Trump-Ryan failure a big win for the American people
At town hall meeting, constituents make clear to U.S. Rep. Scott Perry, R.-Pa., they’re against his voting to destroy Obamacare. | Marc Levy/AP

WASHINGTON — This past Thursday and Friday were good days for our nation: the GOP, at least for now, gave up on destroying ObamaCare. And the leadership of the Democratic Party announced it will do everything possible to make sure right winger Neil Gorsuch does not get on the Supreme Court.

The GOP surrender came after millions of people held demonstrations, faced down their elected officials at town hall meetings and flooded lawmakers’ offices with e-mails, phone calls and letters.

The win should bolster the determination of all those in the Resistance movement.

Even New Jersey Rep. Rodney Frelinghuysen, who as the chair of the House Appropriations Committee is the third most powerful Republican, could not withstand the protesters that dogged his every move for the last few months, hunting him down even when he made out-of-state appearances like the one he made at a GOP retreat in Philadelphia. Frelinghuysen announced, just before the scheduled vote on the Republican healthcare bill, that he was switching his vote to “no” because it would kick too many of his own constituents off of health care.

Strengthened determination will still be necessary to preserve the healthcare insurance that now covers some 30 million Americans under the Affordable Care Act (ACA) because although the leaders of the GOP-captured legislative branch say they will now move on to other things, according to the Washington Post, there is a “likelihood” that Donald Trump and his Health and Human Services Secretary Tom Price will engage in “administrative sabotage” of the Act’s provisions.

Trump has already signed an executive order that undermines federal enrollment efforts and the individual mandate that holds the ACA system together.

Like a spoiled child, Trump, right after his big loss Friday, said from the Oval Office that “now the Democrats own Obamacare” and boasted that he will watch as it “first implodes and then explodes.” His remarks were a shocking display of his callousness and inability to empathize with the millions who feared his plan would endanger their very lives and who depend on Obamacare to maintain their health. His remarks, made as they were in the Oval Office, were in stark contrast to remarks made by previous presidents in that same office. Presidents spoke from the Oval Office to mobilize the nation in times of crisis, perhaps most notably Franklin Roosevelt who called the nation to arms against the worldwide fascist threat.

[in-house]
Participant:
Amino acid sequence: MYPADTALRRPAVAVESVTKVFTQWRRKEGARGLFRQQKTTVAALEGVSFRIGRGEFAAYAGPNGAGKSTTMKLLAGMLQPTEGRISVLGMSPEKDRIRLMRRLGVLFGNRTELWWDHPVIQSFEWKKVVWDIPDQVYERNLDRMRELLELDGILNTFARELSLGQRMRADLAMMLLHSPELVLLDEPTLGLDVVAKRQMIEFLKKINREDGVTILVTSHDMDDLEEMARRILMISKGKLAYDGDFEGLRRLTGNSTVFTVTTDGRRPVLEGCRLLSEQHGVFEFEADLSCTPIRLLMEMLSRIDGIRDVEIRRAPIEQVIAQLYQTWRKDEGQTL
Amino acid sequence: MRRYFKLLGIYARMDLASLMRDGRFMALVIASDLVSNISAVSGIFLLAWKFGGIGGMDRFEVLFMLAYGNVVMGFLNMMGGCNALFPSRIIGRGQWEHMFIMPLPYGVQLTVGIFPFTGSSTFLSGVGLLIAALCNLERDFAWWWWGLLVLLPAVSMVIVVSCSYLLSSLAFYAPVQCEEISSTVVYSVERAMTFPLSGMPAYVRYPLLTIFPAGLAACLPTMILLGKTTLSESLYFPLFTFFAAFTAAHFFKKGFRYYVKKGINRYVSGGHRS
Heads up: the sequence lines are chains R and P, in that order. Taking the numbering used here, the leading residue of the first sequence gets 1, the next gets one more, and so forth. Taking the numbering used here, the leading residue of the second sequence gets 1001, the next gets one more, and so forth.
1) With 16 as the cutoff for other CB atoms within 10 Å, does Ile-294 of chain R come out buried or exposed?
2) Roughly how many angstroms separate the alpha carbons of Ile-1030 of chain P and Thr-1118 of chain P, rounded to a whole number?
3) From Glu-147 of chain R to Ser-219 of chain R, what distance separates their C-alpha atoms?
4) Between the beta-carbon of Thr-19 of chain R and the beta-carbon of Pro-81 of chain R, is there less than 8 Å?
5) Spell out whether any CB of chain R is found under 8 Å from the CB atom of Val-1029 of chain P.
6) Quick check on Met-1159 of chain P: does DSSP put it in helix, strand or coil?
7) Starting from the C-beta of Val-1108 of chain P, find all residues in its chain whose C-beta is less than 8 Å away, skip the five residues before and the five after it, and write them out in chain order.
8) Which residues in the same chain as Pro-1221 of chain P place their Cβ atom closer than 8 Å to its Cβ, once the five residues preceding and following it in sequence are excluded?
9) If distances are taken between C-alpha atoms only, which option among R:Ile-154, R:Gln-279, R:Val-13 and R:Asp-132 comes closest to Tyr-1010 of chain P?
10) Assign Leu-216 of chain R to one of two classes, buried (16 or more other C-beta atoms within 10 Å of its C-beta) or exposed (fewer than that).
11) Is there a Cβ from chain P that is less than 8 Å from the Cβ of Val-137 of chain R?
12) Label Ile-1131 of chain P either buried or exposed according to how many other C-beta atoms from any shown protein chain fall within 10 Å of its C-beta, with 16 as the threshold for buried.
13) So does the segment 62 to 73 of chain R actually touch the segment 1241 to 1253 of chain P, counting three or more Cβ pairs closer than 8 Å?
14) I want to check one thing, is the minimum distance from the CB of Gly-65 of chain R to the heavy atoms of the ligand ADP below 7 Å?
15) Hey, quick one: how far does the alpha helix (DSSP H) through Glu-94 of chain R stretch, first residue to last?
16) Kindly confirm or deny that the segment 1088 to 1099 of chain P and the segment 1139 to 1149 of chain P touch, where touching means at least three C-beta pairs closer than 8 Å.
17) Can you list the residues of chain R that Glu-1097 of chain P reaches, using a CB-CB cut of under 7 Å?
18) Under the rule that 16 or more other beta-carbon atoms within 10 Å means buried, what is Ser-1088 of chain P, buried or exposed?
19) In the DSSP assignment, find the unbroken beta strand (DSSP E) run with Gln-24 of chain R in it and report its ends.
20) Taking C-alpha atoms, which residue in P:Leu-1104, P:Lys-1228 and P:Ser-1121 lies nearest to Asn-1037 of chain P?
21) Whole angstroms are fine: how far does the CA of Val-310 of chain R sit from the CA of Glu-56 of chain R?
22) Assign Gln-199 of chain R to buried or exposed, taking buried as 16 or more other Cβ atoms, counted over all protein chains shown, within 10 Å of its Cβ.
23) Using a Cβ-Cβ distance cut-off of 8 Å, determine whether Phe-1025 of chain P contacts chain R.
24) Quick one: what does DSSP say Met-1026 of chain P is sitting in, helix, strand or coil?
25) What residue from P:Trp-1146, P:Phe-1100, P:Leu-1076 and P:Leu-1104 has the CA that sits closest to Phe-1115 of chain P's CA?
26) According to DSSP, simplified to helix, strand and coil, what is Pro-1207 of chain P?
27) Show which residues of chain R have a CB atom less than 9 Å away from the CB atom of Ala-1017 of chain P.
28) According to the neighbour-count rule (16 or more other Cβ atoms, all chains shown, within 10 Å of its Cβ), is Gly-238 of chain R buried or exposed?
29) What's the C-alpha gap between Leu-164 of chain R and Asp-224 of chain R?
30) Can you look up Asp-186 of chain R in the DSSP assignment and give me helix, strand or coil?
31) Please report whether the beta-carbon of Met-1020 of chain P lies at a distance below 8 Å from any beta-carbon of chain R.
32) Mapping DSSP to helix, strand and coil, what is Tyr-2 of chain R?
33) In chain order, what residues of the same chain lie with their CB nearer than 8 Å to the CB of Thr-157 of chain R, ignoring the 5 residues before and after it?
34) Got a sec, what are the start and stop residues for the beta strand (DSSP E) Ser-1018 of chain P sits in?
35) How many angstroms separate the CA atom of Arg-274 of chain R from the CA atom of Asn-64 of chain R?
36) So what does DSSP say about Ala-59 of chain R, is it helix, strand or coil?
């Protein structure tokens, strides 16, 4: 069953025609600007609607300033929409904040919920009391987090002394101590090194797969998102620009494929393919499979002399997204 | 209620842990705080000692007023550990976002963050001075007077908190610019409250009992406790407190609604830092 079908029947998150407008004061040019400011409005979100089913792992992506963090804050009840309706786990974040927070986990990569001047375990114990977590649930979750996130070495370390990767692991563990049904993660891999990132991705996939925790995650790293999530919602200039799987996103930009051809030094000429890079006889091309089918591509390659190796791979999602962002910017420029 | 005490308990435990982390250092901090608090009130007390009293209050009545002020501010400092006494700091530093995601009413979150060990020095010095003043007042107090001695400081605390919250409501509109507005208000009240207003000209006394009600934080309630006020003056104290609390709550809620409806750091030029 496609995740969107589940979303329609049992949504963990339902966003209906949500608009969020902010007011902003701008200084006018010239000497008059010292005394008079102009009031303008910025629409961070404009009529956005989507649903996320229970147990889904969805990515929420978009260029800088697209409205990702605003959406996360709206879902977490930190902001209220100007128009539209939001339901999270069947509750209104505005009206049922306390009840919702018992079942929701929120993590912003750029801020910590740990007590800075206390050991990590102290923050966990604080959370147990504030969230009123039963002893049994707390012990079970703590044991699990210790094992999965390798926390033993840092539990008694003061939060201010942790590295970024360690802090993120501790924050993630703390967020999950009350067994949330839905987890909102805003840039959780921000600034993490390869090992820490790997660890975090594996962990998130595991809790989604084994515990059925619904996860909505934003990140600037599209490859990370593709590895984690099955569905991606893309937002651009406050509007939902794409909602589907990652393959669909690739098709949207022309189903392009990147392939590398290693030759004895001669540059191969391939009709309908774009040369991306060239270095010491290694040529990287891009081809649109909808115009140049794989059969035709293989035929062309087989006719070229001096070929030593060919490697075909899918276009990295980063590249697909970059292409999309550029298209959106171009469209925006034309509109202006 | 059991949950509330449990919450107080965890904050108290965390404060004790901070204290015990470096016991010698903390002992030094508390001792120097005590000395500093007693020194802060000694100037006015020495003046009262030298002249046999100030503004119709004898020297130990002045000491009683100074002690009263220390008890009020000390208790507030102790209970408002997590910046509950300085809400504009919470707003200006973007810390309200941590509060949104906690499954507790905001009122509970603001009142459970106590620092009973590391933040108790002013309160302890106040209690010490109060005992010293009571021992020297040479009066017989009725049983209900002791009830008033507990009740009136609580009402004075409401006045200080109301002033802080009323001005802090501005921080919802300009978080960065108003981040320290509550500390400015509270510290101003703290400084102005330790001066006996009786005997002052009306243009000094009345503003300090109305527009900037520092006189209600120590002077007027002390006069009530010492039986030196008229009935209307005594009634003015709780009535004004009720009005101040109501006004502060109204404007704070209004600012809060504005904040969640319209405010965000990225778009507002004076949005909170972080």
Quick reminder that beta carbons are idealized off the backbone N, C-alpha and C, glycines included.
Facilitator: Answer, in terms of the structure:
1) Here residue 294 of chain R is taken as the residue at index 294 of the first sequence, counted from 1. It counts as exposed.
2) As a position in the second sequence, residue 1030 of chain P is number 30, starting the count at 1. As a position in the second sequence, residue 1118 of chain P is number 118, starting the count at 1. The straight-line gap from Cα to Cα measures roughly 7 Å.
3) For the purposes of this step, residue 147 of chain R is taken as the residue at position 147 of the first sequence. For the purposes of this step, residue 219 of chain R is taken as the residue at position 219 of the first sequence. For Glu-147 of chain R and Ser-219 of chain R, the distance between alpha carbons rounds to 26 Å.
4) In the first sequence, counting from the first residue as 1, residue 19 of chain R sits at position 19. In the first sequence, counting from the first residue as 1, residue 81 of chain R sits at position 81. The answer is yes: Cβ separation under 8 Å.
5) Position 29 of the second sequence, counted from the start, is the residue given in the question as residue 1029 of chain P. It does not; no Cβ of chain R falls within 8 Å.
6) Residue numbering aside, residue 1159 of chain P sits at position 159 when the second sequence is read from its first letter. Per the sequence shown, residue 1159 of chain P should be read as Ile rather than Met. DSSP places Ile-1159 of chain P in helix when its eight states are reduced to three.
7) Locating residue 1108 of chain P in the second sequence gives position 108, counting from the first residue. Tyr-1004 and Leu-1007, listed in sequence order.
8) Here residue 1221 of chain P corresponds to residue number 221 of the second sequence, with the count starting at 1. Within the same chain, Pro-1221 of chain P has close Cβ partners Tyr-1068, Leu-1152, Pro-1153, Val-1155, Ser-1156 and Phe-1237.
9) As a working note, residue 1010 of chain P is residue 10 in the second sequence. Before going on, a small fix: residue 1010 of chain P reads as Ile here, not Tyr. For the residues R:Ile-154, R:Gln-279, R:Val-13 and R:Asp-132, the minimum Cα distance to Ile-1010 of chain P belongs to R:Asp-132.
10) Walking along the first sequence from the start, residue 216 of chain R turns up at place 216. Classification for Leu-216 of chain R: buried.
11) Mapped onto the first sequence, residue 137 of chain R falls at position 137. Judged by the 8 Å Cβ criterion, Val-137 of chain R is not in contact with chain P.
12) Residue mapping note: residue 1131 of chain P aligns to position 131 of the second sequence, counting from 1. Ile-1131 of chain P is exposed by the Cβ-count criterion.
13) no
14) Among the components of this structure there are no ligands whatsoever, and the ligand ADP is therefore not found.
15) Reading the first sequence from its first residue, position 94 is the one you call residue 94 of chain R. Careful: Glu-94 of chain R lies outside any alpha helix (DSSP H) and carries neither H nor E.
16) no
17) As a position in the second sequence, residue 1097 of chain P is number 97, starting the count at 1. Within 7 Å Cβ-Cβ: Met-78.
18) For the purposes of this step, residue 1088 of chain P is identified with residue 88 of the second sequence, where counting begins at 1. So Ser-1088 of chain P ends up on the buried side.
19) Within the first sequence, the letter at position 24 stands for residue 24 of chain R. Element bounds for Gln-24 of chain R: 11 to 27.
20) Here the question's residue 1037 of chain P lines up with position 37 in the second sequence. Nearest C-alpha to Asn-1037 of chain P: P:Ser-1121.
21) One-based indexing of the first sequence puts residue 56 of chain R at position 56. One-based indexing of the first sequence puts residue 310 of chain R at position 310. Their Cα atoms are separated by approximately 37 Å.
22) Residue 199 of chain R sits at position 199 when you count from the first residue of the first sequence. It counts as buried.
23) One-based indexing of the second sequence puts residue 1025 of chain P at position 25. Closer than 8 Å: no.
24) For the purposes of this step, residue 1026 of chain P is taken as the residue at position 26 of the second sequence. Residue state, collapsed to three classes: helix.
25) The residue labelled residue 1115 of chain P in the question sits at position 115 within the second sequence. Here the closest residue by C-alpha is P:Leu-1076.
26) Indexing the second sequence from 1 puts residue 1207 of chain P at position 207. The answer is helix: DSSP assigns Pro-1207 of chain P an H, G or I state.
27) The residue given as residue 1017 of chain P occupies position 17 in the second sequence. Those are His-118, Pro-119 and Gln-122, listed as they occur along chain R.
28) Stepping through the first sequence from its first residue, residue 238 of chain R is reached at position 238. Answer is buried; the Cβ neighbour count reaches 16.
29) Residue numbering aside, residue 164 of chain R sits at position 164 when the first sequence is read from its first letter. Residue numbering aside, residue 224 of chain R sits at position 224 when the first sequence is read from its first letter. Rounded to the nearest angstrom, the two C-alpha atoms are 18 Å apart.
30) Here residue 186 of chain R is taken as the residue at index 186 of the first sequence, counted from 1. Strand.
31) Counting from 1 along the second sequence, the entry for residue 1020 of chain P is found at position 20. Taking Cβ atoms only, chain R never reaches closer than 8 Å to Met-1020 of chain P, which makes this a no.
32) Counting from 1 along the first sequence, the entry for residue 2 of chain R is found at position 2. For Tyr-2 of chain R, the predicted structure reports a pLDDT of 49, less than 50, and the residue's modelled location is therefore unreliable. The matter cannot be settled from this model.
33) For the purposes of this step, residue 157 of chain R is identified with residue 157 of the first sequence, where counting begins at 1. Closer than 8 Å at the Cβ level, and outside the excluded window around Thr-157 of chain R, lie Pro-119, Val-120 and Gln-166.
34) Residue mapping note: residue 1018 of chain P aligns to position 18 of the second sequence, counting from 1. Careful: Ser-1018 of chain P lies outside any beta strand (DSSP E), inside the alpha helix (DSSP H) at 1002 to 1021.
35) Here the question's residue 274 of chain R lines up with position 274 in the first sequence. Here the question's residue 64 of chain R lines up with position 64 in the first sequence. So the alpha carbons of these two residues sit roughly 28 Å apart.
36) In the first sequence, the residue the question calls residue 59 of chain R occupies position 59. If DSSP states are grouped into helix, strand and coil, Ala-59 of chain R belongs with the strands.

Strengthened determination by the Resistance will also be necessary to counter the Trumpites’ response to the Democrats’ taking strong action against Gorsuch.

The Democratic Party’s announcement, according to the Washington Post was a result of “The Democrats’ liberal base … pressuring senators to block Trump’s nominees across the government.” In fact, thousands of people had demonstrated in front of the apartment of the Democratic Party’s titular head, Minority Leader Senator Chuck Schumer, demanding, in effect, that the Democratic Party join and help lead the Resistance.

They were echoing what Senator Elizabeth Warren has been saying: “We are not the minority party. We are the opposition party. … We will resist every single step toward the takeover of our government by billionaires, bankers and bigots.”

Furthermore, the fact that a Fox News poll recently showed that with a 61 percent approval rating, Bernie Sanders is by far the most popular politician in America, is evidence that Americans want more activist-politicians.

To his credit, Schumer is becoming just that.

On national television over the weekend he told reporters that he welcomed the mas demonstrations against the Trump agenda and he noted that he got his start in politics as a young activist in the fight against the war in Vietnam.

In the face of the Trumpites’ intransigence, he has led protest after protest in the Senate and is now calling for Democratic senators to create a parliamentary situation in which Gorsuch must receive 60 votes to be confirmed.

Schumer has pointed out that all of President Obama’s nominees for various positions were confirmed with no less than 60 votes.

However, in order to impose the 60-vote requirement today, the Democrats will have to begin a filibuster to delay the vote on Gorsuch. It takes 60 votes to end a filibuster, so, in effect, it would take 60 votes to confirm Gorsuch. There are only 52 Republicans in the Senate and getting eight Democrats to vote with them would probably be impossible.